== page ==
You guys are good, but you got a long ways to go to be great.

    • I’m surprised they didn’t put maxwells version of Kate bush’s song a woman’s work. Instead they put running up that hill by Kate Bush covered by placebo. I also thought the same thing about not putting Ray Charles version up. Another cover that’s awesome is Leone Russell’s a song for you just about everyone’s covered it Ray Charles, Michael buble, R. Kell, willie Nelson etc etc. But the best cover of that song is Donny Hathaway blows it out the water. But yea this list is a little suspect if you ask me.

  • Adding to my previous reply, I want to suggest some really (IMO) good covers that deserve a place amongst the 100 best ones…
    My way (Frank Sinatra covering the Claude Francois song)
    Beyond the sea (Bobby Darin covering the Charles Trenet song)
    I got rhythm (the Gene Kelly version, after the original one in Girl Crazy)
    Gloria (the Doors cover of the THEM song)
    Only you (covered by Yazoo)
    Satisfaction (covered by Cat Power)
    Sea of love (covered by Cat Power)
    Big in Japan (covered by Ane Brun)
    Stand by me (covered by Florence and the machine)
    Caruso (the Lucio Dalla song covered by Sabina Sciubba)
    Llorando (Crying by Roy Orbison, covered by Rebekka Del Rio)
    Thank you (the Led Zeppelin song, covered by Lizz Wright)
    50 ways to leave your lover (covered by Tok Tok Tok)
    In a manner of speaking (covered by Nouvelle Vague)
    Everybody hurts (covered by The Corrs)
    I will survive (covered by the Puppini sisters)
    Because the night (covered by 10,000 maniacs)
    Piece of my heart (covered by Janis Joplin, but also by Beverley Knight)
    Me and Bobby McGee (covered by Janis Joplin)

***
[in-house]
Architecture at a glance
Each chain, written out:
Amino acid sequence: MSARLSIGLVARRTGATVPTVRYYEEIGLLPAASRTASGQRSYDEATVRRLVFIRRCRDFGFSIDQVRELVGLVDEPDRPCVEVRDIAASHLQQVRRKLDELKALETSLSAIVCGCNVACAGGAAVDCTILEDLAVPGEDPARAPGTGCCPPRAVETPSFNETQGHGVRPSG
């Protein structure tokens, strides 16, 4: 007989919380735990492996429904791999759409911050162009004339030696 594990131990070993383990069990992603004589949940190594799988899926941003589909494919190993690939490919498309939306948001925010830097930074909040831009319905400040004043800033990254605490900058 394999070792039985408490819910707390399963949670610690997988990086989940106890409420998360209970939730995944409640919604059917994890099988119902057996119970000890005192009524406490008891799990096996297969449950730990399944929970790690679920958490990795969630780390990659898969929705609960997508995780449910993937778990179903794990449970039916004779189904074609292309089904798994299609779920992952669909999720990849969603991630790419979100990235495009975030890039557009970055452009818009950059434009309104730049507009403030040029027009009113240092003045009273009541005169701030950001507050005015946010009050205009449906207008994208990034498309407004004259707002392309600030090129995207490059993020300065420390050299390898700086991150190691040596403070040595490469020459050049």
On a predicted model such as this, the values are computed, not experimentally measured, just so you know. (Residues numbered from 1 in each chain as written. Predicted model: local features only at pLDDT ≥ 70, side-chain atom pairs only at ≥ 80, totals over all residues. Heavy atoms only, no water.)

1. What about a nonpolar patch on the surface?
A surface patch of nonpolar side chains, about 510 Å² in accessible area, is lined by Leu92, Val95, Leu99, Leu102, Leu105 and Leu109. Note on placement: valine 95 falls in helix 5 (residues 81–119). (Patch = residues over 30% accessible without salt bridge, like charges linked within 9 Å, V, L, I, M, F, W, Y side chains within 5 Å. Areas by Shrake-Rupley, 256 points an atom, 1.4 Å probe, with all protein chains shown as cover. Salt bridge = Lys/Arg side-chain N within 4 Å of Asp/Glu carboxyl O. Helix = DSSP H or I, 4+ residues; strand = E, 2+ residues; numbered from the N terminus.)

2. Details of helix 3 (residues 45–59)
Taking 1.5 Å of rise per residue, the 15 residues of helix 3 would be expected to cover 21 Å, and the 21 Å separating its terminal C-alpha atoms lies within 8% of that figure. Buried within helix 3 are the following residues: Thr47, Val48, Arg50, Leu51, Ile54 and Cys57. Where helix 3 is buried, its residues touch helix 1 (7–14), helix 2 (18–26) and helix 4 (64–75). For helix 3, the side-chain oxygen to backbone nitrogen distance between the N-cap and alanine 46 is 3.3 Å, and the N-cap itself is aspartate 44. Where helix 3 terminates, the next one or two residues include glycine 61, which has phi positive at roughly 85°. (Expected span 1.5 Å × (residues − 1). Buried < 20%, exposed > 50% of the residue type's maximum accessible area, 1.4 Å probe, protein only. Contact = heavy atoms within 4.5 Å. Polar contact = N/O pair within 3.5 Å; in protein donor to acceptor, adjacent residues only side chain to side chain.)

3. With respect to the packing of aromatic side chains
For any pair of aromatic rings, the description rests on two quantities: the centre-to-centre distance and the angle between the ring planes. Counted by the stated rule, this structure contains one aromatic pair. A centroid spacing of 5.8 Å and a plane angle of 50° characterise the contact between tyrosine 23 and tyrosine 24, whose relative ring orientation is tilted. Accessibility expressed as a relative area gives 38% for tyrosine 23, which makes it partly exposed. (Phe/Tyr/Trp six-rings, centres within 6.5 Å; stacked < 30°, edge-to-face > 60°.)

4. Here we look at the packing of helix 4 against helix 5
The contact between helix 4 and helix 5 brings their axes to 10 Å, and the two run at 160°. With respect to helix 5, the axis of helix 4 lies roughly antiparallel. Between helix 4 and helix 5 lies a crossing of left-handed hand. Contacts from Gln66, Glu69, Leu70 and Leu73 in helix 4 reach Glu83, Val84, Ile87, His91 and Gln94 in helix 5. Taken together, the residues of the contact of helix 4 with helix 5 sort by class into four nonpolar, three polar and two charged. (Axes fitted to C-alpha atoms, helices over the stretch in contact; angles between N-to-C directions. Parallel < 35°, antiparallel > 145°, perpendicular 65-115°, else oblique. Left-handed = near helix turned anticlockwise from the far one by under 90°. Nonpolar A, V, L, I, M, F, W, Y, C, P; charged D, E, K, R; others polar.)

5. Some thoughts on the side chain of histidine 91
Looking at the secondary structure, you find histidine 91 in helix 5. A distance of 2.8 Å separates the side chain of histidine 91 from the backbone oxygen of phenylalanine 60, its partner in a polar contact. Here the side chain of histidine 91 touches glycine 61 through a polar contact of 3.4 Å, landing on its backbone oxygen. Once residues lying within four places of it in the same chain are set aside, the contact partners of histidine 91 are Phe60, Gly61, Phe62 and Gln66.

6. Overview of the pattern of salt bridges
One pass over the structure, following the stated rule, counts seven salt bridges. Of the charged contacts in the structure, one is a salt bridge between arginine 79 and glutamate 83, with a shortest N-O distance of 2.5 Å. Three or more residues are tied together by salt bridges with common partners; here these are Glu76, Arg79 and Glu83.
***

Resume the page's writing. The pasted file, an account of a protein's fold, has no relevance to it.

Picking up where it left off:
Tainted love (covered by Imelda May)
    You’re the one that I want (covered by Beautiful South)
    Don’t you worry ’bout a thing (covered by Incognito)
    Crazy (covered by Alanis Morissette)
    I got you babe (covered by UB40 and Chrissie Hynde)
    Spirit in the Sky (covered by Doctor and the medics)
    To love somebody (covered by Janis Joplin but also Lizz Wright)
    Oye como va (covered by Santana)
    Video killed the radio star (covered by the Buggles)
    Let’s stick toghether (covered by Brian Ferry)
    You can leave your hat on (covered by Joe Cocker)
    Suzie Q (covered by Greedence Clearwater Revival)
    California Dreamin’ (covered by Mamas and Papas)
    One step beyond (covered by Madness)
    It must be love (covered my Madness)
    Yeh yeh (covered by Matt Bianco)
    Superstition (covered by Stevie Ray Vaughan)
    She (Charles Aznavour song covered by Elvis Costello)

    And here is a playlist of songs that were made known by their cover versions, in their original version:
    https://open.spotify.com/user/ilianna1968/playlist/1tPKceB51kdKggU0TzHQoo?si=fEHYX9X8Q3arWrMB2iF-Hw

    Have fun !

  • Not true about I Heard It Through The Grapevine. The Miracles recorded the first version & Gaye the first cover. He pleaded with Berry Gordy to release it as a single but Gordy instead had Glady’s Knight & The Pips record it and release it as the first commercially available recording of the song

  • I don’t see the Fairy Godmother’s cover of “Holding Out for a Hero” from Shrek 2 and I’m kind of dissapointed.

  • Just glad Pet Shop Boys not on that list . I’ve seen it ranked no.1 on some lists , which is a crime in my eyes . Totally ruined a passionate love song , and turned it into an emotionless dirge . You know the song I mean .

  • I’m frankly shocked that absolutely no top lists have Elton John’s cover of Lucy in the Sky with Diamonds on it. It’s a cover that Lennon himself said was better than the original. Was a top ten hit in the UK, and #1 in the US. Why is it so overlooked?